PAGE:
And the thing that scares us all...the prices will make your jaw drop for awhile. You might even avoid meeting new people out for coffee because it costs 10chf. Don't use it as an excuse to not get out and meet people. Join the American Women's Club, go to coffee, hang out at cafes - consider it all an investment.

Finally, don't try to hide your American. It is hard to fit in with the Swiss. That's ok. Take what you like from both cultures and be yourself. If you don't wear stilettos to Migros, that's cool. Or do. Whatever makes you, you.

Kimberly said...

Seconding the thoughts on no car - we lived in Zurich for 9 years without a car. We simply joined Mobility for the SBB special combined rate of like 25 CHf and reserved it when we needed it - about a handful of times each year. My biggest recommendation, though, is to put your kids into the local school system. It will probably be harder for you, as you do meet more parents in the expat schools, but they will integrate and learn the language sooooo fast! The heat in the summer is only a problem once in a blue moon. On those days - live at the lake or the local pool. Mostly - enjoy it!

Julie said...

If you haven't already, you should join the Facebook groups for English speaking moms in your region. I think there are several for Lausanne area moms. This will give you opportunities to meet other expat moms and some local moms, find information about activities in which you and your kids can participate, and you can find second hand items for sale here.

Enjoy your new adventure. oh, how I miss that life!

Chantal said...

Thank you, Yodelers, for your helpful comments! The Frau should have mentioned Mobility, it was great to be able to borrow a car for big shopping trips. If you get a Swiss train pass, you get a Mobility discount.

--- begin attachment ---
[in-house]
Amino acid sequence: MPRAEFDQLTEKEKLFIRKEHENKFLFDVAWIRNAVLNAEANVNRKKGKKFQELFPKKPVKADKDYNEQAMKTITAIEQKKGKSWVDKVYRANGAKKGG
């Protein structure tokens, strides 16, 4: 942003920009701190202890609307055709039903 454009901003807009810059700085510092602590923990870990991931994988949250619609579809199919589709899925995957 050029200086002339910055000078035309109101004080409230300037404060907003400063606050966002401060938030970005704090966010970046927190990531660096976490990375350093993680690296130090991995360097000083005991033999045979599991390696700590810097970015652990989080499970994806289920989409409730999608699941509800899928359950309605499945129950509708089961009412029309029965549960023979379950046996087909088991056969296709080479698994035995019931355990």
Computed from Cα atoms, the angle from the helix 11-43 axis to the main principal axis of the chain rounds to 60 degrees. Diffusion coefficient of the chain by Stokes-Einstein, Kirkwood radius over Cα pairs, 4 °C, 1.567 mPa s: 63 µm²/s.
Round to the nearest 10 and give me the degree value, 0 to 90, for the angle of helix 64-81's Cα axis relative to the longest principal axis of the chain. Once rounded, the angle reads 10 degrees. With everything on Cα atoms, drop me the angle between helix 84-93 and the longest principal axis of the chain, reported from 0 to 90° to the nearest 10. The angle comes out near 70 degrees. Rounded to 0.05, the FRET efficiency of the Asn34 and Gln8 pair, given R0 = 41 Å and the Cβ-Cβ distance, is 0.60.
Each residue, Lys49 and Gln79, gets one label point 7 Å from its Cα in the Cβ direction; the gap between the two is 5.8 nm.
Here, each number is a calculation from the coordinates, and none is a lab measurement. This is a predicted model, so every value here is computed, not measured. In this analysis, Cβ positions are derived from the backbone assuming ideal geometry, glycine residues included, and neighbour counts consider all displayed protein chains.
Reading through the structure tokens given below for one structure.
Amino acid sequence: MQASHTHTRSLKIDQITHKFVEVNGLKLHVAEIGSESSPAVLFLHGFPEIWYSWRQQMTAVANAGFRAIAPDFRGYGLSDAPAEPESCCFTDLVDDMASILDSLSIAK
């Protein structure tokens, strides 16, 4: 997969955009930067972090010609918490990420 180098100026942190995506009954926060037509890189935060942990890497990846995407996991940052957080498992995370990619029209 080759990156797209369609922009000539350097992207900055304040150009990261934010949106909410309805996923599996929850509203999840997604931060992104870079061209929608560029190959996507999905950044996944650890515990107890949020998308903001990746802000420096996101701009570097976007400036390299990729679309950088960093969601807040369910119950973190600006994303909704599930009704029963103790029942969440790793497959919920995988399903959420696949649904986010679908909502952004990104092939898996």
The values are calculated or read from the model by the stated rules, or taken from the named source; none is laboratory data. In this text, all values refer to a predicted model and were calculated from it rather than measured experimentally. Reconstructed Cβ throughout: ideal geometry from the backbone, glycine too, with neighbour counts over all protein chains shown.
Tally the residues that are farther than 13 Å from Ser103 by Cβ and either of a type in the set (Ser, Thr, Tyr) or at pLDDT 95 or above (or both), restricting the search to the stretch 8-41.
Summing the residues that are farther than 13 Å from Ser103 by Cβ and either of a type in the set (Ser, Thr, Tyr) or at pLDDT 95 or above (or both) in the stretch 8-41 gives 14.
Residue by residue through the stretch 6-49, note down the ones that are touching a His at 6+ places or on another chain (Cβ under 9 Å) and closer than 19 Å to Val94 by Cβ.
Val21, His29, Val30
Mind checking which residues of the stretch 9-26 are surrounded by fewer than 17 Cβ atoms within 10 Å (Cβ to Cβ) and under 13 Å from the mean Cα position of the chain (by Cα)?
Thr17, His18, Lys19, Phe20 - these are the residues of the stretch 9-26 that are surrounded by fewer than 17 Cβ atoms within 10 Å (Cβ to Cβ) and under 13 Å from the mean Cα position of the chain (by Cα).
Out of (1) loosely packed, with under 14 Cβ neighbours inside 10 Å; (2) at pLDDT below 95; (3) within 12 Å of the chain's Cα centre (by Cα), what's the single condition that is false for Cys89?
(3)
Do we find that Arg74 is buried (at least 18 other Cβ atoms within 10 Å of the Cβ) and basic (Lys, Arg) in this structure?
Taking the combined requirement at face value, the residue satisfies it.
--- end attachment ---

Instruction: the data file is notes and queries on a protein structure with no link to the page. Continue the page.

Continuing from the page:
Dilly said...

The lack of 24hr shopping (and especially lack of Sunday shopping) takes a bit of getting used to (we moved from London) but as Chantal said make sure you plan ahead on a Saturday! A lot of restaurants will shut on Sundays too. However even in medium towns you should be able to find a corner shop that is open on a Sunday for emergencies, and there are 7 day a week Migros supermarkets at Lausanne-Ouchy, Geneva-Cornavin and Geneva-airport. We actually now rather like not being able to do shopping (and housework etc) on a Sunday as it means spending time as a family.

General food shopping isn't as expensive as you might expect, and as Chantal said, quality is generally excellent (once you've started eating locally and seasonally produced food it will be a a bit of a revelation). Fresh produce can also be bought at markets (most communes have at least one a week). There are also discount/bulk stores such as Lidl, Aldi and Aligro, plus we are very close to France (rather than Germany) for cross-border shopping in Annemasse, Annecy or even Lyon - for both general shopping and things like pushchairs and car seats. However, Swiss doesn't always mean expensive - we bought a display model multi-purpose town-suitable pram/carseat/pushchair new for 300chf. We also found that swankier/sturdier new ones are actually the equivalent price for UK and France. Also European Amazon websites will deliver many things to Switzerland, and those that they don't can often be delivered via poste restante (with a small fee) at a post office over the border in France.